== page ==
SimEthereal Documentation

Finally getting around to writing some documentation… because that’s how I roll on a Friday night.

Still some blanks in there but the meatier parts are filled in. I’m really looking forward to seeing what @zissis has to say because he struggled without any documentation at all. :slight_smile: Would this have helped you before? Did it teach you anything new? Did I miss something important?

And if any of you feel sorry for me spending my Friday nights writing documentation, consider buying me a doughnut: :slight_smile:


Doing lots better than me… on Friday nights I usually find that Jim Beam is a terrible developer.


Hey just wondering, would Amazon gift cards be of any use to you?

Never really thought about it. Not sure how that would work exactly but I spend tons of money on Amazon… so they’d get used.

@pspeed good start to documentation! Yes this would have helped me get going quicker. But I do appreciate that you did not have documentation back them because it forced me to read all the code and understand the library inside out. What I suggest is people read the documentation then read the code. Once you know the code inside out you can start doing some more advanced stuff like I do … for example, multiple channels for priority messaging and different frame rates for different entities etc…

I forget the details but can you remind me how you dealt with the multiple grids? Did you simply register multiple EtherealHosts on different channels?

Also, because I’m messing with the update loop timings at the moment… can you remind me what physics update rates you are using and what your state collection interval is if you hacked that? (The state collection interval was previously not configurable but I though I remembered you hacking around that or something.)

I’m trying to expose all of the things you had to hack around (within reason) but I’m also trying to make sure my own test isn’t unrealistic if I decide to lower the physics update rate to make CPUs on windows happier (which is a much longer story).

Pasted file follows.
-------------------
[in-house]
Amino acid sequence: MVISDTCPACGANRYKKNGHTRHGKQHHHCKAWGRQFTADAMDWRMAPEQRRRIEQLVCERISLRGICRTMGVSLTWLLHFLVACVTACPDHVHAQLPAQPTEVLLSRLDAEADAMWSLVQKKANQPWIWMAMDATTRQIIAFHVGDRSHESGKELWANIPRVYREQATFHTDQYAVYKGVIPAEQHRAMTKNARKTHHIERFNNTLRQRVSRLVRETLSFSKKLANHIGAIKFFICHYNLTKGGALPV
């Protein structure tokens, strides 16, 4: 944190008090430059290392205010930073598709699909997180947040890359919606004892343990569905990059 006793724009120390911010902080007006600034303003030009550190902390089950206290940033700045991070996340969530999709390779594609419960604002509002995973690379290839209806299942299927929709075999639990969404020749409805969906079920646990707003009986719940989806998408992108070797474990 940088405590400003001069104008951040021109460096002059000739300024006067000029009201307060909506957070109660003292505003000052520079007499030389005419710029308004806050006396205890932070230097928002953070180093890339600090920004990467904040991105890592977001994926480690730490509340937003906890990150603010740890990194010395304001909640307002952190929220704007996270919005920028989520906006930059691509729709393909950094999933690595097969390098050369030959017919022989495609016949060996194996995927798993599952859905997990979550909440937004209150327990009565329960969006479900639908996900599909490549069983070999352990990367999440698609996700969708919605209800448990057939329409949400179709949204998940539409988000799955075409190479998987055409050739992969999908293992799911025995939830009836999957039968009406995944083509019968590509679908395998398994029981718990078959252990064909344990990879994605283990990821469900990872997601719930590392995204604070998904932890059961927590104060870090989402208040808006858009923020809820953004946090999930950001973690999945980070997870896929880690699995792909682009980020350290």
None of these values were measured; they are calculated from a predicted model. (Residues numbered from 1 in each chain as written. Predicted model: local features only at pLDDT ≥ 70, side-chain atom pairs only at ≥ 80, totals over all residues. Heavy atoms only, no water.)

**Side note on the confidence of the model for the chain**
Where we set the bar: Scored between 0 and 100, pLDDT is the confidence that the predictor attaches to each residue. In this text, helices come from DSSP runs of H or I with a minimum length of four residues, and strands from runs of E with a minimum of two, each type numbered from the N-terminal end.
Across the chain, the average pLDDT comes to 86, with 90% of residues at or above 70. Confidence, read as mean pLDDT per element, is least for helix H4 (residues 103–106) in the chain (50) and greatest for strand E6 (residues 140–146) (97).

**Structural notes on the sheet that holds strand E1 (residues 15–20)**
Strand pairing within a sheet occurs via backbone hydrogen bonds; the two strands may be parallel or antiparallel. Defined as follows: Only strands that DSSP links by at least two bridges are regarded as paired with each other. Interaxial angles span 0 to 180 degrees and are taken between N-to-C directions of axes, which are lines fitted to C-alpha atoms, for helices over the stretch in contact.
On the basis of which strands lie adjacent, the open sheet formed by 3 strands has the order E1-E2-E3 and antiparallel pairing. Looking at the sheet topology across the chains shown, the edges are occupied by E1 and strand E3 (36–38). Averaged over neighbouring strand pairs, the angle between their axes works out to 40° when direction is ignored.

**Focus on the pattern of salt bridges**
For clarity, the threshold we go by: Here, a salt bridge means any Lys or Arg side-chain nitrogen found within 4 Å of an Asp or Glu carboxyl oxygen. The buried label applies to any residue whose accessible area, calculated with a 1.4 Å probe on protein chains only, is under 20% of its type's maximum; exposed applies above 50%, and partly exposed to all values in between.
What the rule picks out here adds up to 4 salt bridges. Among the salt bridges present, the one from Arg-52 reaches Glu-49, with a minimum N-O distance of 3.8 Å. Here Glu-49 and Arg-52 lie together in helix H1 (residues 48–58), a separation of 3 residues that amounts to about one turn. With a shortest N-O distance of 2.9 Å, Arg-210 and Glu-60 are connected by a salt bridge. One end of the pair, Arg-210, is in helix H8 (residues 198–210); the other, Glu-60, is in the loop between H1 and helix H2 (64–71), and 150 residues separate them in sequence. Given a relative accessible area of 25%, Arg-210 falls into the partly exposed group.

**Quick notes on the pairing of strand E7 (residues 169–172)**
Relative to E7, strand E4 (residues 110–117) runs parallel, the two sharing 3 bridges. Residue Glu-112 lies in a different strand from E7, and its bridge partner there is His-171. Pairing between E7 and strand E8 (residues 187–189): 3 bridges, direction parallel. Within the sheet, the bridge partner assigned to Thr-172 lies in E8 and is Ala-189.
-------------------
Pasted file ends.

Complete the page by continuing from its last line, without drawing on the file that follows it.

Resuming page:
I ended up with a solution that did not require a hack of the network layer for multi channel and difrent tick rates per channel. In my space game, I have seperate server instances each with it’s own EtherealHost that has unique object state protocols, zone grids and zone radiuses. They are the following:

Sector … zone grid of 10000,10000,10000… radius 1,1,1 … this is the sector view that encompasses one solar system … planet and astroid entities are transmitted an 10 tricks per second because they move very slowly anyways.

Ships … zone grid of 100,100,100 … radius 1,1,1 … encompasses all ship entities with a "fog of war stretching out 100 units in all directions. Largest ship entity is 10 units in side … allows for a decent amount of ships in a small area. Tick rate is at 20 ticks per second … based on ship velocity I found 20 ticks per second to be more than adequate.

Weapons/explosions … zone grid of 100,100,100 radius 1,1,1 encompasses all weapons and explosions with a fog of war stretching out 100 units in each direction. The tick rate is 60 ticks per second because weapons cam move very quickly and only last about a second or two anyways. This channel is on TCP/IP instead of UDP because I want to ensure that an explosion only gets transmitted ONCE and I need to ensure it always gets recieved. Interestingly, your network layer works just as fast on TCP/IP as well … go figure lol